Comparison of numerical methods for the calculation of two-dimensional turbulence.

*(English)*Zbl 0678.76048Summary: The estimate derived by W. D. Henshaw, the second author and L. G. Reyna for the smallest scale present in solutions of the two- dimensional incompressible Navier-Stokes equations [ICASE Rep. No.88-8, 49 pp. (1988)] is employed to obtain convergent pseudospectral approximations. These solutions are then compared with those obtained by a number of commonly used numerical methods.

If the viscosity term is deleted and the energy in high wave numbers removed by setting the amplitudes of all wave numbers above a certain point in the spectrum to zero, the “chopped” solution differs considerably from the convergent solution, even at early times. In the case that the regular viscosity is replaced by a hyperviscosity term, i.e., the square of the Laplacian, we also derive an estimate for the smallest scale present. If the coefficient of hyperviscosity is chosen so that the spectrum of the hyperviscosity solution disappears at the same point as for the regular viscosity solution, the hyperviscosity solution is also completely different from the convergent solution. If we “tune” the hyperviscosity coefficient, then the solutions are similar in amplitude or phase, but not both.

The solution obtained by a second-order difference method with twice the number of points as the pseudospectral model, or a fourth-order difference method with the same number of points as the pseudospectral model, is essentially identical to the convergent solution. This is reasonable since most of the energy of the solution is contained in the lower part of the spectrum.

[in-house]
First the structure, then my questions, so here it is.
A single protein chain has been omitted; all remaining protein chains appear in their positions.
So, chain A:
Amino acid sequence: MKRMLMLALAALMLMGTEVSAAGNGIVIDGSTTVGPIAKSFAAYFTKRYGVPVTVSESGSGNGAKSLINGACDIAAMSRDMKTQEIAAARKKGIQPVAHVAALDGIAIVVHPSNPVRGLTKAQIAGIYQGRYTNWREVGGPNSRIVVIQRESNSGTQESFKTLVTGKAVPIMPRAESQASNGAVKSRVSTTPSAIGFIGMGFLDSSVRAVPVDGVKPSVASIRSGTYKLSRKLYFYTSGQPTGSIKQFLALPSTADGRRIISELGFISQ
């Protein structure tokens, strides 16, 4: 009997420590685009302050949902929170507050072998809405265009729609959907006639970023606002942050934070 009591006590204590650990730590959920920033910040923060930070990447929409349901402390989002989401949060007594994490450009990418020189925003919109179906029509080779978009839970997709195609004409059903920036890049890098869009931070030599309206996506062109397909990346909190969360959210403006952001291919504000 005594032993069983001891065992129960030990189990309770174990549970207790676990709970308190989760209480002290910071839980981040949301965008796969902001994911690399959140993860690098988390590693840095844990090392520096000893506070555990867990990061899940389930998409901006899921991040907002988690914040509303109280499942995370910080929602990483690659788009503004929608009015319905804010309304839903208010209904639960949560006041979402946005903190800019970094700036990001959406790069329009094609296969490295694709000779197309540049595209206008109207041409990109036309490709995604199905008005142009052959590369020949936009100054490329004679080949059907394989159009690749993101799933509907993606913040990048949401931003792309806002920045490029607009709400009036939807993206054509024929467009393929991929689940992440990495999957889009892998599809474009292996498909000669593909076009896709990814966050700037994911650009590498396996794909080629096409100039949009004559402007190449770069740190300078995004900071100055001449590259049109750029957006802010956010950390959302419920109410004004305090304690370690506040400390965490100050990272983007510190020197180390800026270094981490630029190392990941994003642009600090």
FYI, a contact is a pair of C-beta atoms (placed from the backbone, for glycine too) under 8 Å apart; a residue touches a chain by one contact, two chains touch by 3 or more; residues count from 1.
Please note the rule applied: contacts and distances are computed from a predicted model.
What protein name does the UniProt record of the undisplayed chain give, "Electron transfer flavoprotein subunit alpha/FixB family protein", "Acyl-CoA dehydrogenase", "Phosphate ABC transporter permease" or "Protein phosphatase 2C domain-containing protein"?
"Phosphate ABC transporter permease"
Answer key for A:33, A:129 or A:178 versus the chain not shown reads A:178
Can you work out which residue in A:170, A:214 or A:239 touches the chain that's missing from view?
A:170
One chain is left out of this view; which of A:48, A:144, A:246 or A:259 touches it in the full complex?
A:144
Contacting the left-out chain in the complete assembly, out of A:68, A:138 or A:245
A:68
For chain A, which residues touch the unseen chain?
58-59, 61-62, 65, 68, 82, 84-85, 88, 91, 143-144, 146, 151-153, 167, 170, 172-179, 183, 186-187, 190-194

If the viscosity term is deleted and the energy in high wave numbers removed by setting the amplitudes of all wave numbers above a certain point in the spectrum to zero, the “chopped” solution differs considerably from the convergent solution, even at early times. In the case that the regular viscosity is replaced by a hyperviscosity term, i.e., the square of the Laplacian, we also derive an estimate for the smallest scale present. If the coefficient of hyperviscosity is chosen so that the spectrum of the hyperviscosity solution disappears at the same point as for the regular viscosity solution, the hyperviscosity solution is also completely different from the convergent solution. If we “tune” the hyperviscosity coefficient, then the solutions are similar in amplitude or phase, but not both.

The solution obtained by a second-order difference method with twice the number of points as the pseudospectral model, or a fourth-order difference method with the same number of points as the pseudospectral model, is essentially identical to the convergent solution. This is reasonable since most of the energy of the solution is contained in the lower part of the spectrum.

##### MSC:

76F99 | Turbulence |

35B30 | Dependence of solutions to PDEs on initial and/or boundary data and/or on parameters of PDEs |

65M99 | Numerical methods for partial differential equations, initial value and time-dependent initial-boundary value problems |

65N99 | Numerical methods for partial differential equations, boundary value problems |

##### Keywords:

two-dimensional incompressible Navier-Stokes equations; convergent pseudospectral approximations; second-order difference method; pseudospectral model; fourth-order difference method
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\textit{G. L. Browning} and \textit{H. O. Kreiss}, Math. Comput. 52, No. 186, 369--388 (1989; Zbl 0678.76048)

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##### References:

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